Why Morocco Still Won't Accept Earthquake Aid From France?
Time is the most precious resource when it comes to disaster relief, and yet French teams have been left waiting for Morocco's approval for their aid. Looking at recent tensions might explain why the country is hesitating on accepting help in a time of such dire need.
Updated September 12, 2023 at 1:20 p.m.
PARIS — Major humanitarian disasters can sometimes provide an opportunity to overcome hostilities between nations – but they can also be missed opportunities.
The earthquake that struck Morocco on Friday night has had a significant impact in France, not only due to the large Franco-Moroccan community here, but also because of the longstanding human connection between France and its former Maghreb protectorate.
Yet 72 hours after the disaster, the offers of assistance from the French government, including those from Emmanuel Macron himself, had still not received a response from Rabat. Meanwhile, Morocco had given the green light to relief efforts from Qatar, Tunisia and Spain. Spain is the only European country with 56 military rescuers already on the ground.
France possesses undeniable expertise and resources in the field of emergency relief, and if there is one area where every minute counts, it is the search for survivors. By Tuesday, the death toll had topped 2,800. Yet French teams, including search dogs and equipment, are still awaiting clearance to deploy from French soil. The Americans find themselves in a similar situation.
Downplaying the issue
French officials are attempting to downplay the issue; they mention Morocco's concern about avoiding an overload of international aid and argue that only a few countries have been requested to assist. But on Sunday, while in New Delhi for the G20, Emmanuel Macron stated that "the moment this aid is requested, it will be deployed, and we stand ready." Hours have passed without such a request being made.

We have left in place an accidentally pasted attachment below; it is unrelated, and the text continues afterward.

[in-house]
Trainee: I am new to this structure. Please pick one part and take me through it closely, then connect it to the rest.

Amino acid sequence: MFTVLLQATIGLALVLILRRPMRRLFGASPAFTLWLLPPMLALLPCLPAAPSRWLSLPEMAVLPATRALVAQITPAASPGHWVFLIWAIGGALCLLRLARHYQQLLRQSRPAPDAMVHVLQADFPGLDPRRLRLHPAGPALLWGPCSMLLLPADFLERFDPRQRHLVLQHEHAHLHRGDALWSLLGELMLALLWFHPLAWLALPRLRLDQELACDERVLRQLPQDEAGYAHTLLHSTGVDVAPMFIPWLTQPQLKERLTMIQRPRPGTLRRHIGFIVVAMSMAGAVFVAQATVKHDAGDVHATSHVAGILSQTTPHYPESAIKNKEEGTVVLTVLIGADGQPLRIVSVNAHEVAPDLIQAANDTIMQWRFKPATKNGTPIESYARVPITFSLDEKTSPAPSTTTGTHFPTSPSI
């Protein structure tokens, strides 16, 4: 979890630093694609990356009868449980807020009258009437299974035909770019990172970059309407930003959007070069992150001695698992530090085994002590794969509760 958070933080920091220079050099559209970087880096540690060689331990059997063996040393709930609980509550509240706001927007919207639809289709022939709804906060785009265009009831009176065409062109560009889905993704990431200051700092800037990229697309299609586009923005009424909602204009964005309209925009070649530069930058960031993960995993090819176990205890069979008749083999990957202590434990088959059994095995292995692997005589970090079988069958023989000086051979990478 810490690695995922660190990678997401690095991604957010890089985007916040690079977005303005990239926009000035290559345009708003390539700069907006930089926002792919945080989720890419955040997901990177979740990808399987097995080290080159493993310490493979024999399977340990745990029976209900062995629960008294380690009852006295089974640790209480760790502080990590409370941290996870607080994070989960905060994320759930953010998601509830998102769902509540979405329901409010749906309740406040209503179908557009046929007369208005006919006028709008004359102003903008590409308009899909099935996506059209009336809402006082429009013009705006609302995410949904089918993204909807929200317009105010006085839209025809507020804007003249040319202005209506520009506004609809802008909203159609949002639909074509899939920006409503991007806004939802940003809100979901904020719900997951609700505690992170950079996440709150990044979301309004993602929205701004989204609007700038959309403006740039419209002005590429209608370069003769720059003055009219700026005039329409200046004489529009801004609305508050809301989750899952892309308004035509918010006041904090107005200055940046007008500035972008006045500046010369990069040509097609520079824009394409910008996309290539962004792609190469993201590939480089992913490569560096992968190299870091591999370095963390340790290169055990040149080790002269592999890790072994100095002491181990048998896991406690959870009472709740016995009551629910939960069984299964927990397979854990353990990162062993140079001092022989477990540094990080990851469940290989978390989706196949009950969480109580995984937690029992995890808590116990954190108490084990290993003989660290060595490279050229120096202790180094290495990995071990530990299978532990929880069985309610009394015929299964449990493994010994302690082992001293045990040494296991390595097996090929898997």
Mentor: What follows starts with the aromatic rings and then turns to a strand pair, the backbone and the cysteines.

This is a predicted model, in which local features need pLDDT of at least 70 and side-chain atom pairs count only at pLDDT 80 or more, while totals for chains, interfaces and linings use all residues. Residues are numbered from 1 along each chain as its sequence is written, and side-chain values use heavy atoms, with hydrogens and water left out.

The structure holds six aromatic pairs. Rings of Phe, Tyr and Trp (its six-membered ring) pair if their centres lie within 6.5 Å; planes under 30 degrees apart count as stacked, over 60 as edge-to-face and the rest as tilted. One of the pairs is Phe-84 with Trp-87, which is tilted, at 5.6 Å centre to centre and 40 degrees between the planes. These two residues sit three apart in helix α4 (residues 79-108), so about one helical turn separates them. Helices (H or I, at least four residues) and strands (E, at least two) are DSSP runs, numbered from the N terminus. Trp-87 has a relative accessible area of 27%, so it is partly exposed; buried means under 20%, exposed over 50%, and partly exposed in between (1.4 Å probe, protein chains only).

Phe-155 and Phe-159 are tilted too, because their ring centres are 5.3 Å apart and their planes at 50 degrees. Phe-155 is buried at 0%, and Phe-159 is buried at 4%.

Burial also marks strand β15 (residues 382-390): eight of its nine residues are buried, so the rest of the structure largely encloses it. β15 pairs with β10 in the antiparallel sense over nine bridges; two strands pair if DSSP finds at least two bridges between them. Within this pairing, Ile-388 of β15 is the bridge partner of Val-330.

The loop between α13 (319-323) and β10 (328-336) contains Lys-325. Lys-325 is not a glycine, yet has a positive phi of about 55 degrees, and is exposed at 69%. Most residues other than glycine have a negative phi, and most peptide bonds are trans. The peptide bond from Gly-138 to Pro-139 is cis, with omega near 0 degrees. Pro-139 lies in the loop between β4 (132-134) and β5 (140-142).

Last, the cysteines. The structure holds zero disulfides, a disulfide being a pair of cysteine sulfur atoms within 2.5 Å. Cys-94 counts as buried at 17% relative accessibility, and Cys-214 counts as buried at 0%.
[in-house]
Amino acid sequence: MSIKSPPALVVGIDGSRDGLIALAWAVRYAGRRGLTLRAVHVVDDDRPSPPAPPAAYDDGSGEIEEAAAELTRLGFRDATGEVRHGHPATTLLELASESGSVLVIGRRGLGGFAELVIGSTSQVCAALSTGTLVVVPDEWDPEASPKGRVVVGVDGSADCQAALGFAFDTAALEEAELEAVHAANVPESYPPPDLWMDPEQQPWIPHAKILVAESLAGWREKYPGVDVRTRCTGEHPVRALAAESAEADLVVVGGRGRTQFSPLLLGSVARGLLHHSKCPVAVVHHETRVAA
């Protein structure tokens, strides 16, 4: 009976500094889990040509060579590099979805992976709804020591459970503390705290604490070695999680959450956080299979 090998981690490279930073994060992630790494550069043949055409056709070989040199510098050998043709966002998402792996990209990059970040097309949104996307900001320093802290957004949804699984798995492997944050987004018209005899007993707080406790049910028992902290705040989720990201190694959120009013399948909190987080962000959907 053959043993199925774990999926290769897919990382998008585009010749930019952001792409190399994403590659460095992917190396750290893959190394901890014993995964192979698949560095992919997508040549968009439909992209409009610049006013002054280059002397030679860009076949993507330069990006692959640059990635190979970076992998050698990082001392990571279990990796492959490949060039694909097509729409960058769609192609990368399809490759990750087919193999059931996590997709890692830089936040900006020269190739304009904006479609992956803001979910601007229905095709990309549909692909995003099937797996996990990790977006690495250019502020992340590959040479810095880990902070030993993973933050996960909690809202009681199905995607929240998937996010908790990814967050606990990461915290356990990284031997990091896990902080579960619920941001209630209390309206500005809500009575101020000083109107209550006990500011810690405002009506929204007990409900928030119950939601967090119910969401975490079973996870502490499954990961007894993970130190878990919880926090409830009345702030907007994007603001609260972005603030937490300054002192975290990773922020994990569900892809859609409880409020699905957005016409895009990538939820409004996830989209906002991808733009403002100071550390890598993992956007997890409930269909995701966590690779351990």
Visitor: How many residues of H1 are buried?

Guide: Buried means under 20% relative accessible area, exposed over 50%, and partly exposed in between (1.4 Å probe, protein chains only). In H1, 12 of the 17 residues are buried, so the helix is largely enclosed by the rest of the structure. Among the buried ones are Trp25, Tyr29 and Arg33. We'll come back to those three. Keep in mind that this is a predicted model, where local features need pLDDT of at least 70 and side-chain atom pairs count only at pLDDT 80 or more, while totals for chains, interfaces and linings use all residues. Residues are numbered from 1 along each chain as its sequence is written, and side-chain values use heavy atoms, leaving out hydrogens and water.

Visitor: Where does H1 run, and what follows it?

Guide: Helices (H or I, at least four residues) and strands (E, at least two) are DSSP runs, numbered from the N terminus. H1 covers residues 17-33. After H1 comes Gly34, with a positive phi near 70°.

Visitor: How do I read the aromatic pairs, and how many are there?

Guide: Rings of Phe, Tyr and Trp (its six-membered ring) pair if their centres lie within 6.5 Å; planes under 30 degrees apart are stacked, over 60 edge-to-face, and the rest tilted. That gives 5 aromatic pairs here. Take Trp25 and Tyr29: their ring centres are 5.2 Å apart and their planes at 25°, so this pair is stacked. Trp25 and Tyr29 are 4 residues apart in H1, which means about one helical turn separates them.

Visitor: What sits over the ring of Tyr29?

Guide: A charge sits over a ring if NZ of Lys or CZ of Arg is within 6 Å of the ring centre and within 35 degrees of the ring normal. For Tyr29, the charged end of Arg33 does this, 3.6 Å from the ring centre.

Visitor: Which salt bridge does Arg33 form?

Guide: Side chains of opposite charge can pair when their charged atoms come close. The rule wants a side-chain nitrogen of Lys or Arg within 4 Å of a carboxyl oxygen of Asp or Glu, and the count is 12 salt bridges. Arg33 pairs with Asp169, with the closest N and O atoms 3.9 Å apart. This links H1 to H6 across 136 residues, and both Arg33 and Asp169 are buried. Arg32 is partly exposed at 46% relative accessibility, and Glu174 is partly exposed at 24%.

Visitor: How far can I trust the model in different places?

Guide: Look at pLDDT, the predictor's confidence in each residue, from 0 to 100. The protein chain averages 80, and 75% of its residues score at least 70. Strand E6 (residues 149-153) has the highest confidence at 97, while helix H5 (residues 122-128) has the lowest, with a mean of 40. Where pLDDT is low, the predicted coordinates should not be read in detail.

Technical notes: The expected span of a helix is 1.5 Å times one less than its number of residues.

It's known that relations between Rabat and Paris have been strained for some time.
There comes a point where the explanation begins to take on a political dimension. It's known that relations between Rabat and Paris have been strained for some time. An example of this was seen in March when Macron declared that his relations with King Mohammed VI were friendly. Rabat immediately retorted, "Relations are neither friendly nor good, not between the two governments nor between the royal palace and the Elysée." It's hard to be more blunt than this.
On Friday, just hours before the earthquake, a well-connected Moroccan website was trying to be positive about the Franco-Moroccan relationship. But the earthquake didn't leave any time for these hopes to materialize.
In friendlier times, the Macrons welcomes King Mohammed VI of Morocco and his son Crown Prince Moulay Hassan at the Elysee Palace ahead of a ceremony to celebrate the 100th anniversary of the end of World War I
Mikhail Metzel/TASS via ZUMA
The King's visit
The article was about King Mohammed VI's private visit to France, and indeed, the Moroccan sovereign was in France when the earthquake hit. The article suggested that a phone call or meeting between the king and the French president could resolve misunderstandings. The king and the president did have a conversation, but with no apparent results.
It should be noted that the article set conditions that still seem impossible for Paris to meet: it demanded recognition of Morocco's sovereignty over the former Spanish Sahara, an international dispute that dates back to the 1970s. Both the United States and Spain have succumbed to Moroccan pressure, but France does not want to take a step that would be seen as a declaration of war against Algeria.
The other issue is more straightforward—the matter of visa restrictions for France. Macron publicly acknowledged that this policy, inspired by the Interior Ministry, has been counterproductive. He hinted at a new accord.
However, the king's visit abruptly ended without the anticipated breakthrough. By not promptly accepting France's offer of assistance, has Morocco genuinely suffered from organizational difficulties? Or has it chosen to demonstrate its independence from its former colonial ruler? With the search for survivors the sole priority, there will always be time for reconciliation later.
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